US v. Federico Espindola-Pineda, No. 18-4172 (4th Cir. 2018)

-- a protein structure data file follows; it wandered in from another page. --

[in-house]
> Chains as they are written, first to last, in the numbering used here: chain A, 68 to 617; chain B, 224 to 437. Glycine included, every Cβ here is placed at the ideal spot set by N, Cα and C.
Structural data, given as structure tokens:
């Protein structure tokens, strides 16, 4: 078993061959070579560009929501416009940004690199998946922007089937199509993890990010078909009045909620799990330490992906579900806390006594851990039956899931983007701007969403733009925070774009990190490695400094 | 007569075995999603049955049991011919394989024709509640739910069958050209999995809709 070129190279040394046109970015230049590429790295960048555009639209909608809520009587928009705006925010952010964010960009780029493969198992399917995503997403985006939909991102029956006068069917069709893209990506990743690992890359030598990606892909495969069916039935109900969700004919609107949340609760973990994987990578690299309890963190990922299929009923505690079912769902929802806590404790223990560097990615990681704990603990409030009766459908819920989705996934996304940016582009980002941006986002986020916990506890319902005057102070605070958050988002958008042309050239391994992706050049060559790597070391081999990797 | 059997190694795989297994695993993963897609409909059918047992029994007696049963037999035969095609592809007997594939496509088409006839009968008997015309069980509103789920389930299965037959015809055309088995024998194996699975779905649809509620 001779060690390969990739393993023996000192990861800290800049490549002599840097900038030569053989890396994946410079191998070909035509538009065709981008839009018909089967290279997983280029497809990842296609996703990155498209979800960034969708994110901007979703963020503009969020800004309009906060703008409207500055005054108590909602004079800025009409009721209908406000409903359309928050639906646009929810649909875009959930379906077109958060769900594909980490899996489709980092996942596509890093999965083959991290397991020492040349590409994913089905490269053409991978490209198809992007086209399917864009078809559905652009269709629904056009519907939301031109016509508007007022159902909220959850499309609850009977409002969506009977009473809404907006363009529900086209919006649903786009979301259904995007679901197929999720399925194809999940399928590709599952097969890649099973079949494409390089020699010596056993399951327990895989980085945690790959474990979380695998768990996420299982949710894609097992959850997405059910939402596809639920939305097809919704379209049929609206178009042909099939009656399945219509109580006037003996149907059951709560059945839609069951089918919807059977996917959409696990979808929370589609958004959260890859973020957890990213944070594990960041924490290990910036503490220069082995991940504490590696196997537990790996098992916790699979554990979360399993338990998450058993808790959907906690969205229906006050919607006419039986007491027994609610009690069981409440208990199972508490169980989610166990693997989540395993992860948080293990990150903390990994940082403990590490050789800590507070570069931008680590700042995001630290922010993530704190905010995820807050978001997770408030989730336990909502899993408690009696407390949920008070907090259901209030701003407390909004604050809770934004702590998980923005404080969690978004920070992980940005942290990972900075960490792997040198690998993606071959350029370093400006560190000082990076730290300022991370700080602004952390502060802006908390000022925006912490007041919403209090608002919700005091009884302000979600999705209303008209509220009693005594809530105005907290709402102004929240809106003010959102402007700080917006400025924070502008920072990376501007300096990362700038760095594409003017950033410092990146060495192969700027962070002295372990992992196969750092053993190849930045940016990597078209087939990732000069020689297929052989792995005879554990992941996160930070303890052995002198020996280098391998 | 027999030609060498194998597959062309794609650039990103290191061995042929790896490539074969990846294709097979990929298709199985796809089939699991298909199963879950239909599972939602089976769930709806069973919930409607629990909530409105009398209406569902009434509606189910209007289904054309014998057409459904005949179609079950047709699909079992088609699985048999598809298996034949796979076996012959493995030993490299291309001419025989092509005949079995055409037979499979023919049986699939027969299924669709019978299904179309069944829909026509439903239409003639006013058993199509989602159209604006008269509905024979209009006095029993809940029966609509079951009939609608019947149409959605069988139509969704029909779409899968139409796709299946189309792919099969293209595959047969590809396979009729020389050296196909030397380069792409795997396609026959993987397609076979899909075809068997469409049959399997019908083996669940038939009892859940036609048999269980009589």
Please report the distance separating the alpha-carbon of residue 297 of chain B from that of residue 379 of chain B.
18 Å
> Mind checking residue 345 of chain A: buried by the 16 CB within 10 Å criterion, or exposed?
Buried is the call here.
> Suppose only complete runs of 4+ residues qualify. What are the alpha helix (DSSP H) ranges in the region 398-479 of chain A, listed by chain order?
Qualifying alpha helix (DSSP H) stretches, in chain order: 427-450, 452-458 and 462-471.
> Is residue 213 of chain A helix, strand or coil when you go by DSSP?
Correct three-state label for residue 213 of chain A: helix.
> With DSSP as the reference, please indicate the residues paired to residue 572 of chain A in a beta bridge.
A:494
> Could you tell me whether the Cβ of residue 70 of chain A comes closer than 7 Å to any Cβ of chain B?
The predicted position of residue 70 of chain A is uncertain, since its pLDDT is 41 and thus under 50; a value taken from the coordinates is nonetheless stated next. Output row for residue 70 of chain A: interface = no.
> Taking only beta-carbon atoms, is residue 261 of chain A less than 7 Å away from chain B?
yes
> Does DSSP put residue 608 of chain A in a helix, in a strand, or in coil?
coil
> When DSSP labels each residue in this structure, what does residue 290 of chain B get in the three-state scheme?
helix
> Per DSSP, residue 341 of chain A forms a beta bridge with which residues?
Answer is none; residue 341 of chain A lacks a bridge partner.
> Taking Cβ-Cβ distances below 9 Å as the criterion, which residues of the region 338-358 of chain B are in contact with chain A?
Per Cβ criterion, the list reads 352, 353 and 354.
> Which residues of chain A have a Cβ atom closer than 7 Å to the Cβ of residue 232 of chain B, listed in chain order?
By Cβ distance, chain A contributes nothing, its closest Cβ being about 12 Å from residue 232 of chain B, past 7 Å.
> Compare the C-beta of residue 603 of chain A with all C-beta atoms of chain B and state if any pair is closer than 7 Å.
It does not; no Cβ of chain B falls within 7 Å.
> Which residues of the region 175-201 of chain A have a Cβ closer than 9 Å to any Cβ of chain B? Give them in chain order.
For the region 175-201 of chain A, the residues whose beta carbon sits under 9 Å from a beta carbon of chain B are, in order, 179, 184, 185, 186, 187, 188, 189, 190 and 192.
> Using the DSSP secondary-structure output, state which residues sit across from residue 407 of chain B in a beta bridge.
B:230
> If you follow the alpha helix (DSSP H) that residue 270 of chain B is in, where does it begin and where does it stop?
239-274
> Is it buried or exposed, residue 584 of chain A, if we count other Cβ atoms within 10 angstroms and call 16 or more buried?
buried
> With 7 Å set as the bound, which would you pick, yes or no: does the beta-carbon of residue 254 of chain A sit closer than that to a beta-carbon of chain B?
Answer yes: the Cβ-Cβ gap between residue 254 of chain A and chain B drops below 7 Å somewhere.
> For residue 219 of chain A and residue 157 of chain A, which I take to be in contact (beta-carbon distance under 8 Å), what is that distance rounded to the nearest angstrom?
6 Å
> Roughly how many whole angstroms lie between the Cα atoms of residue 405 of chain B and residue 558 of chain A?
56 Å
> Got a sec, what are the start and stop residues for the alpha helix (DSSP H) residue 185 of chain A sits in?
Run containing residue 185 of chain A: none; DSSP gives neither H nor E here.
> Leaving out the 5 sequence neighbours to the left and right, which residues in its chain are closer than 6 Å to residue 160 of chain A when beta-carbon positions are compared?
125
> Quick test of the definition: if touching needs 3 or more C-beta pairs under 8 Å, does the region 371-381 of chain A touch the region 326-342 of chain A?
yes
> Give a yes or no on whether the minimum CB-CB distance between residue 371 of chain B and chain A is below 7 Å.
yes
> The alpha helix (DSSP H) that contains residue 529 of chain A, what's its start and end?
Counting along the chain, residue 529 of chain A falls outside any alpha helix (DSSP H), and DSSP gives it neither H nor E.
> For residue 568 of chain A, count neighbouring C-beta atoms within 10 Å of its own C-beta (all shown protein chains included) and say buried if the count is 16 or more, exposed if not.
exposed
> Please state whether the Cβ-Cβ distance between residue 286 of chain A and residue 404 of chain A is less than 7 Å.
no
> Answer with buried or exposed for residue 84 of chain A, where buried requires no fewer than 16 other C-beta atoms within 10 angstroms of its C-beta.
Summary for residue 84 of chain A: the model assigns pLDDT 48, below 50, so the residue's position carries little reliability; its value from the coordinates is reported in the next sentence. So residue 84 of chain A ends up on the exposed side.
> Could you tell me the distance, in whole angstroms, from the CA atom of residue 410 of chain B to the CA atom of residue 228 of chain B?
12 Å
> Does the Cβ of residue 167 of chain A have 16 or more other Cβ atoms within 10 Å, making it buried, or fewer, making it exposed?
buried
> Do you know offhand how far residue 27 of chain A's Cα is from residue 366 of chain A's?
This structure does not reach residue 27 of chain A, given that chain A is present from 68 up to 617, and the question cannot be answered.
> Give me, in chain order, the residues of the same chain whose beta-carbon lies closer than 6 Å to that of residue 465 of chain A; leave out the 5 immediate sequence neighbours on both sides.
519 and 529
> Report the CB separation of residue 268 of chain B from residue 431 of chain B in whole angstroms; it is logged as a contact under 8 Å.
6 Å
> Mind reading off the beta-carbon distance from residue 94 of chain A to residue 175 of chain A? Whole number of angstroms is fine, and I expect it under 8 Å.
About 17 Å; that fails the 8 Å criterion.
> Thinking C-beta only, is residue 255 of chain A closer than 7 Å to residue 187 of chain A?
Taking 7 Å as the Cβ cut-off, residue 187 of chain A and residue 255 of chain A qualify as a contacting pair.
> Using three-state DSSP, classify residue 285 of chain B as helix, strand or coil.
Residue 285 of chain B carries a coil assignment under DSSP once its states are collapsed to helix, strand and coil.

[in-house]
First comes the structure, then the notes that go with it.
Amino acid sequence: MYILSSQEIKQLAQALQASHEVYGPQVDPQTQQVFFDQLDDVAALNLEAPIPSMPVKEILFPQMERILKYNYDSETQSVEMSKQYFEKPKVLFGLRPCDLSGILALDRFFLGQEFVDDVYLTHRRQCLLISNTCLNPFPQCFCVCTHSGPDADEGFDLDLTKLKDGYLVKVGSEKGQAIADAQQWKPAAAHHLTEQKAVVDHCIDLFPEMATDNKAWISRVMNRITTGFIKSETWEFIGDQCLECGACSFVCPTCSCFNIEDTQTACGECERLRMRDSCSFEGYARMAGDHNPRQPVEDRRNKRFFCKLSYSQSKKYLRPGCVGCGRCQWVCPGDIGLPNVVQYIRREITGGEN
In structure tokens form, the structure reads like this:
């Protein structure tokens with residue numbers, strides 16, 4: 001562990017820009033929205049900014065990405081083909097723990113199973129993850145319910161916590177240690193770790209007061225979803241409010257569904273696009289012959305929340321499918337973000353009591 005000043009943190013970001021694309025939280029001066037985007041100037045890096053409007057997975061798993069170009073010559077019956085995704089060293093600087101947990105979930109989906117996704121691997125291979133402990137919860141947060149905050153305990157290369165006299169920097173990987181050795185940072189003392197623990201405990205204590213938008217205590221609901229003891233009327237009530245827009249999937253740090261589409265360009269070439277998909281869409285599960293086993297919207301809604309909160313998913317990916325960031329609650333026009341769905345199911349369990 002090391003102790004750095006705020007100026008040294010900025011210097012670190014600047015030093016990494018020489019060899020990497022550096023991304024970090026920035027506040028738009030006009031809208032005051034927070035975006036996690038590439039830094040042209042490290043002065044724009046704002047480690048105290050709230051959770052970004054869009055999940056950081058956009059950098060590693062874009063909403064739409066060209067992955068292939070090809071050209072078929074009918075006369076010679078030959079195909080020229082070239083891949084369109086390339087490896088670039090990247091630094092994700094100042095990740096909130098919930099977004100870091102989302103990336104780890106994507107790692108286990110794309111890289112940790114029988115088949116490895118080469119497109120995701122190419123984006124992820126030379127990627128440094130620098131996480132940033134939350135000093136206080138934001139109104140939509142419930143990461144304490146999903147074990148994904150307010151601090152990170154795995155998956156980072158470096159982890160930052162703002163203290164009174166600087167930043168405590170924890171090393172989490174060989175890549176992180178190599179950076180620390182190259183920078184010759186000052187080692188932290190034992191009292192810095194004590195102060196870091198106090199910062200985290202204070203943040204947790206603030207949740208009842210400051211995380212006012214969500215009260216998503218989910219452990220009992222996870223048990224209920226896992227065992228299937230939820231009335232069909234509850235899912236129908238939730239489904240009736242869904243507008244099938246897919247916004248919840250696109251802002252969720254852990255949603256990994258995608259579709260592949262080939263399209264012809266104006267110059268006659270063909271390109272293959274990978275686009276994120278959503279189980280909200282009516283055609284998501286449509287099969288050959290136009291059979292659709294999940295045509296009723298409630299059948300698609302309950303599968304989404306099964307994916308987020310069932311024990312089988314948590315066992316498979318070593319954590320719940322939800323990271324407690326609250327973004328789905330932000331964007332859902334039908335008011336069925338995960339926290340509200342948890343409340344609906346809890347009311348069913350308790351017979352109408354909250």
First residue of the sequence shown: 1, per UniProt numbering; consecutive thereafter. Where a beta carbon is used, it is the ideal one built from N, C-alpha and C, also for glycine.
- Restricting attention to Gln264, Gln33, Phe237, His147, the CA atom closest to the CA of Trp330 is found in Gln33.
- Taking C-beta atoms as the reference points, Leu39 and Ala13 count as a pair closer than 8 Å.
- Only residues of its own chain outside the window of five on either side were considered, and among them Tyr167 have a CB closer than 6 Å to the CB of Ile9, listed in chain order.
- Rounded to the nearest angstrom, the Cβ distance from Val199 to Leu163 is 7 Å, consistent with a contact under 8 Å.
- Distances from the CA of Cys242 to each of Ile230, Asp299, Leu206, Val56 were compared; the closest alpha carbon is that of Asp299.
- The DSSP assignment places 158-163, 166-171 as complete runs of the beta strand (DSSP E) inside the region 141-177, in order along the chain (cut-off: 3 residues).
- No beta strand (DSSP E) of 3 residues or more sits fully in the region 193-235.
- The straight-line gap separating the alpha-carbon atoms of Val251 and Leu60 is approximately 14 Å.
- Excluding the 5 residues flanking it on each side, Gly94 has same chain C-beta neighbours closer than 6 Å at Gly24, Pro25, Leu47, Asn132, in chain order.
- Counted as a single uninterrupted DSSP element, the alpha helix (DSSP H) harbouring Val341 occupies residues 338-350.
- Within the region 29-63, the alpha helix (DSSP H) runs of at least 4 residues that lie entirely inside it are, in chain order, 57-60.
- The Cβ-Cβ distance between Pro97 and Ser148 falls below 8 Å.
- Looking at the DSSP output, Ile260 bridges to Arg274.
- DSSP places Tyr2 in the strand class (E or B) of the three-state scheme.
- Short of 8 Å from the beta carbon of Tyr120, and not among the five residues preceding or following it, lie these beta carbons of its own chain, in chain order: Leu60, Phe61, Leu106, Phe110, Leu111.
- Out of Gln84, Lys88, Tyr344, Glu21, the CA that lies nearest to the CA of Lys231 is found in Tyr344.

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UNPUBLISHED UNITED STATES COURT OF APPEALS FOR THE FOURTH CIRCUIT No. 18-4172 UNITED STATES OF AMERICA, Plaintiff - Appellee, v. FEDERICO ESPINDOLA-PINEDA, a/k/a Frederico Espindola-Pineda, Defendant - Appellant. Appeal from the United States District Court for the Eastern District of North Carolina, at Greenville. James C. Dever III, Chief District Judge. (4:17-cr-00033-D-1) Submitted: October 31, 2018 Decided: December 11, 2018 Before WILKINSON, AGEE, and DIAZ, Circuit Judges. Affirmed by unpublished per curiam opinion. G. Alan DuBois, Federal Public Defender, Jennifer C. Leisten, Research & Writing Attorney, OFFICE OF THE FEDERAL PUBLIC DEFENDER, Raleigh, North Carolina, for Appellant. Robert J. Higdon, Jr., United States Attorney, Jennifer P. May-Parker, Assistant United States Attorney, Kristine L. Fritz, Assistant United States Attorney, OFFICE OF THE UNITED STATES ATTORNEY, Raleigh, North Carolina, for Appellee. Unpublished opinions are not binding precedent in this circuit. PER CURIAM: Federico Espindola-Pineda appeals his sentence after pleading guilty to illegal reentry of a removed alien under 8 U.S.C. § 1326(a) (2012). The district court, using the 2014 edition of the Sentencing Guidelines, sentenced Espindola-Pineda at the top of his Sentencing Guidelines range to seven months in prison, to run consecutively to any state sentence, and one year of supervised release. On appeal, Espindola-Pineda contends that the district court improperly used the 2014 Guidelines to calculate his sentence because his North Carolina conviction for conspiracy to traffic in methamphetamine was relevant conduct under U.S. Sentencing Guidelines Manual § 1B1.3(a) (2016), and the district court erred by not imposing his sentence to run concurrently with his North Carolina sentence under USSG 5G1.3(c) (2016). We affirm. “As a general matter, in reviewing any sentence whether inside, just outside, or significantly outside the Guidelines range, we review for an abuse of discretion.” United States v. Bolton, 858 F.3d 905, 911 (4th Cir. 2017). “Pursuant to this standard, we review the district court’s legal conclusions de novo and factual findings for clear error.” Id. “Whether a crime constitutes ‘relevant conduct’ under the Guidelines is a factual question we review for clear error.” United States v. Robinson, 744 F.3d 293, 300 (4th Cir. 2014). We first address Espindola-Pineda’s contention that the district court should have used the 2016 Guidelines during his sentencing. Espindola-Pineda did not object to the district court’s use of the 2014 Guidelines; therefore, we review this claim for plain error. “To prevail on plain error review, an appellant must show (1) that the district court erred, (2) that the error was plain, and (3) that the error affected his substantial rights.” United 2 States v. Cohen, 888 F.3d 667, 685 (4th Cir. 2018). “An error can be ‘plain’ only on the basis of settled law.” United States v. Carthorne, 878 F.3d 458, 464 (4th Cir. 2017). The Guidelines direct sentencing courts to use the manual in effect when the defendant is sentenced unless doing so would violate the Ex Post Facto Clause of the Constitution. USSG § 1B1.11(a), (b)(1); see Peugh v. United States, 569 U.S. 530, 532-33 (2013). We conclude that the district court did not plainly err in utilizing the 2014 Guidelines when sentencing Espindola-Pineda. At the time of his sentencing, EspindolaPineda had pleaded guilty to a state charge of conspiracy to traffic in methamphetamine and was serving a sentence of 70-93 months’ imprisonment on that charge. He requested that the district court run his illegal reentry sentence concurrently to his state sentence. The district court denied that request. The district court used the 2014 Guidelines due to a perceived ex post facto problem that would arise in using the 2016 Guidelines. Under the 2014 Guidelines, Espindola-Pineda was subject to a total offense level of six and a criminal history category of II, for a Guidelines range of one to seven months’ imprisonment. Under the 2016 Guidelines, Espindola-Pineda’s total offense level would have increased to 15, and his Guidelines range would have been 21 to 24 months. Espindola-Pineda contends that his state methamphetamine offense would have been relevant conduct under USSG § 1B1.3(a) (2016), because it would have been a specific offense characteristic under USSG § 2L1.2(b)(3) (2016), and the 2016 Guidelines would have mandated his illegal reentry sentence be run concurrent with the state sentence, for a shorter overall 3 incarceration period. Therefore, he argues that the district court plainly erred in using the 2014 Guidelines during his sentencing. We disagree. The only relevant distinction between the two editions of the Guidelines is the addition of various specific offense characteristics to § 2L1.2 of the 2016 Guidelines. The 2016 Guidelines would have treated Espindola-Pineda’s state offense as a specific offense characteristic that would have increased his total offense level by 10 points. However, contrary to Espindola-Pineda’s belief, the 2016 Guidelines would not have recommended a concurrent sentence. The relevant Guidelines provision states: If . . . a term of imprisonment resulted from another offense that is relevant conduct to the instant offense of conviction under the provisions of subsections (a)(1), (a)(2), or (a)(3) of § 1B1.3 (Relevant Conduct), the sentence for the instance offense shall be imposed . . . to run concurrently to the remainder of the undischarged term of imprisonment. USSG § 5G1.3(b)(2). Therefore, § 5G1.3(b) only applies to offenses that are relevant conduct under § 5G1.3. Commentary to § 5G1.3 explicitly notes that relevant conduct does not include any offense “for which the defendant received an increase pursuant to USSG § 2L1.2 (Unlawfully Entering or Remaining in the United States).” USSG § 5G1.3 cmt. n.2(B). Thus, Espindola-Pineda would not have received the benefit of a Guidelines recommendation that his illegal reentry sentence run concurrent to his state sentence under the 2016 Guidelines, and the district court did not plainly err in utilizing the 2014 Guidelines to avoid an actual ex post facto problem created by the increased sentencing range in the 2016 Guidelines. 4 Espindola-Pineda alternatively challenges unreasonable under the 2014 Guidelines. his sentence as substantively Sentences within or below a properly calculated Guidelines range are presumed reasonable, and this “presumption can only be rebutted by showing that the sentence is unreasonable when measured against the 18 U.S.C. § 3553(a) factors.” United States v. Louthian, 756 F.3d 295, 306 (4th Cir. 2014). Using the 2014 Guidelines, the district court correctly calculated Espindola-Pineda’s Guidelines range as being one to seven months imprisonment. The district court used the § 3553(a) factors to explain that illegal reentry was a serious offense, that EspindolaPineda should receive a punishment specific to this offense, and the need to deter him from illegally returning to the United States. After examining the record, we conclude that Espindola-Pineda has not rebutted the presumption that his sentence was reasonable. Accordingly, we affirm the district court’s judgment. We dispense with oral argument because the facts and legal contentions are adequately presented in the materials before the court and argument would not aid the decisional process. AFFIRMED 5